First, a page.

After the break: Fryn goes to court

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Murder and its Motives received good reviews on its initial publication in 1924. As a result of this publicity, Fryn received a letter from Harry Hodge, the then general editor of the Notable British Trials book series, who was interested in recruiting her as a contributor for some new volumes. I’ve covered this series on the podcast before, back in November 2019, in an episode titled Notable Trials, so if you’re interested in more details do go and listen to that. Essentially, though, these books were edited transcripts of famous or significant trials from British legal history. Each one got its own volume and these were published in a distinctive binding with a preface by a well known writer or lawyer.

Hodge was keen to add the author of Murder and its Motives to his list of contributors. Thanks to her gender neutral penname, he addressed his letter to “Mr Jesse”, but she was enthusiastic about the project regardless — gleefully referring to it at one point as “money for jam”. She became the first woman editor for the series and went on to edit six volumes over the next thirty years. When a new edition of Murder and its Motives was published in 1952, it was dedicated to Hodge in thanks for bringing her on to the Notable British Trials team.

In a later catalogue for the Notable British Trials series, Hodge’s son James wrote that “A Notable British Trial, it may be explained, is neither a camouflaged ‘shocker’ nor a legal textbook”. The purpose of these volumes was to be informative and to lay the transcript of the trial before the reader in as informative a way as possible. Of course, what made one trial “notable” and another not was in part governed by the public interest it provoked at the time, but Hodge was firm that the point of the exercise was educational, rather than sensational. Later, some of the prefaces, including Fryn’s, were republished without the transcripts by Penguin as Famous Trials — further evidence, perhaps, that this kind of true crime writing had an audience both within the legal profession and beyond.

F Tennyson Jesse’s first volume dealt with the case of Madeleine Smith, who was tried in Scotland in 1857 for the murder of her lover. The facts of the case were notable enough on their own — Smith’s paramour had been ten years her senior and some of their letters to each other were read in court — but it was the controversial verdict of “not proven” that really made this case stick in the mind. This case had already been included in the series once before, and had been the inspiration for at least one novel already, but Fryn was charged with writing a new preface for a new edition.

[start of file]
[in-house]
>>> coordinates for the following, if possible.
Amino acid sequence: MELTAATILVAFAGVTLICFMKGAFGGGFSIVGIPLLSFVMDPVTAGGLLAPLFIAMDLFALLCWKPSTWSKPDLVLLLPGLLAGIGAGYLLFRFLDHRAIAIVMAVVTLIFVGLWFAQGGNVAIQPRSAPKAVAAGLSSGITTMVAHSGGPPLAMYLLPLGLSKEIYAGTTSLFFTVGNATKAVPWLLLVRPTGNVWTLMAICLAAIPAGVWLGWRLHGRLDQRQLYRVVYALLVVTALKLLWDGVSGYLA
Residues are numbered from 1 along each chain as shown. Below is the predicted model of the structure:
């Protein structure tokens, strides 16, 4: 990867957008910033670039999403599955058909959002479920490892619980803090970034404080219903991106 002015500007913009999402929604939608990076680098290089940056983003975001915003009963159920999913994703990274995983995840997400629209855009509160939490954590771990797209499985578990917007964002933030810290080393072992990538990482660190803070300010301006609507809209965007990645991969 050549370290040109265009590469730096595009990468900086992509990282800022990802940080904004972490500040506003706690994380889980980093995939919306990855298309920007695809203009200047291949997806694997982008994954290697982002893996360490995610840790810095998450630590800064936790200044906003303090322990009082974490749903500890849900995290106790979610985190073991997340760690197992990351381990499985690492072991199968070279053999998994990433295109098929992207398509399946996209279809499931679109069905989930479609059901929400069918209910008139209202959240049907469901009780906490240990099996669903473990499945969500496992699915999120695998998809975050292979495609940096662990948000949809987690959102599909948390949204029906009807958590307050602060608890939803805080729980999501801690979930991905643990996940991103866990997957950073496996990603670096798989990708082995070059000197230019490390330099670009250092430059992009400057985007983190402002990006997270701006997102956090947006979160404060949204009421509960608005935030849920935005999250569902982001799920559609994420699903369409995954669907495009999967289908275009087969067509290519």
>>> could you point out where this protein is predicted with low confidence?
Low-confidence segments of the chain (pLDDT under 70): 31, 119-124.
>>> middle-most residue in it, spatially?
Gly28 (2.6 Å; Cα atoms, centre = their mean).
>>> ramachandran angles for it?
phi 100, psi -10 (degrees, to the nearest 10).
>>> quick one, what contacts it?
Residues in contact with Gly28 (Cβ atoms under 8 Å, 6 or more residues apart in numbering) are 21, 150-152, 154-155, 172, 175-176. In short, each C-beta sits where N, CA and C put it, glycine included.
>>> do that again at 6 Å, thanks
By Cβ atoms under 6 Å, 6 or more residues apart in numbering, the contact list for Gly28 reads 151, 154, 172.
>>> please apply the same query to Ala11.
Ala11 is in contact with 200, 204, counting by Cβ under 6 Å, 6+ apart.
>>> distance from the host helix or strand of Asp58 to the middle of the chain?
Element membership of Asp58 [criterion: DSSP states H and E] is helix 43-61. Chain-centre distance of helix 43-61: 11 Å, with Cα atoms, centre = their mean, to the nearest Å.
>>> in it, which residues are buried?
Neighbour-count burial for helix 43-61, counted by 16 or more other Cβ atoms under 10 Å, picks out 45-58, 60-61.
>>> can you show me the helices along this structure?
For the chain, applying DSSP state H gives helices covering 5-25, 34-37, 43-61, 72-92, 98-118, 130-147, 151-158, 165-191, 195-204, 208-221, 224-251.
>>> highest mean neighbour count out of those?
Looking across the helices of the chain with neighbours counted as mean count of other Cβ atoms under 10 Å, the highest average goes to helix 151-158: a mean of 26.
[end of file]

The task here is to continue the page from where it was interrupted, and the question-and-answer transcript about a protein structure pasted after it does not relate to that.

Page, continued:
In it, she placed much greater emphasis on class and gender as factors in the case. She described Smith as a woman “born before her time”, who had she been lucky enough to live in the twentieth century rather than the nineteenth, might have been able to conduct her relationships in the open and had better outlets for her frustrations about the restrictions of her life. Fryn even goes as far to say that in these circumstances, Smith could have been a “admirable member of society”, who would have driven an ambulance during the war and “been thoroughly competent and completely occupied”. She stops short of completely exonerating Smith on these grounds, but her analysis of the structural context in which the case took place is strikingly forward-thinking.

We see this in all six of her Notable British Trials prefaces — the desire to search for a new angle, to better understand the context in which a crime took place beyond just the bare facts of who struck who. Fryn never shied away from addressing the social issues raised by a murder, either. She used her introductions to make connections between cases and draw out narratives about how justice had been applied and also how public opinion and popular culture had influenced it.

The precise status of Fryn’s work on these prefaces is a bit tricky to pin down. She had no legal training whatsoever, nor indeed any academic degree of any kind, and they are not history or legal commentaries. Although she was a talented journalist and war reporter, it was not in this guise either that she approached these cases — she did make some visits to the places where victims bodies were discovered, but she didn’t conduct interviews with the people involved or investigate any aspect for herself. Her sources were the trial transcripts and the contemporary newspaper reports and that’s it. They were intellectual exercises, written by someone with a passion for understanding murder in all its forms. In a long and varied career, it was an approach she kept returning to.


But F Tennyson Jesse didn’t just write non-fiction about crime. Arguably one of her most lasting works about a real life case was actually a work of fiction: her novel, A Pin To See The Peepshow from 1934. This book takes the raw material of a real murder case — of Edith Thompson, which I covered on the podcast back in January 2019 — and fictionalises it. Edith becomes Julia Almond, a young woman in suburban London who dreams of a bigger, more fulfilling life. She enters into a loveless marriage to escape her parents’ house, and then begins a passionate affair with a younger man.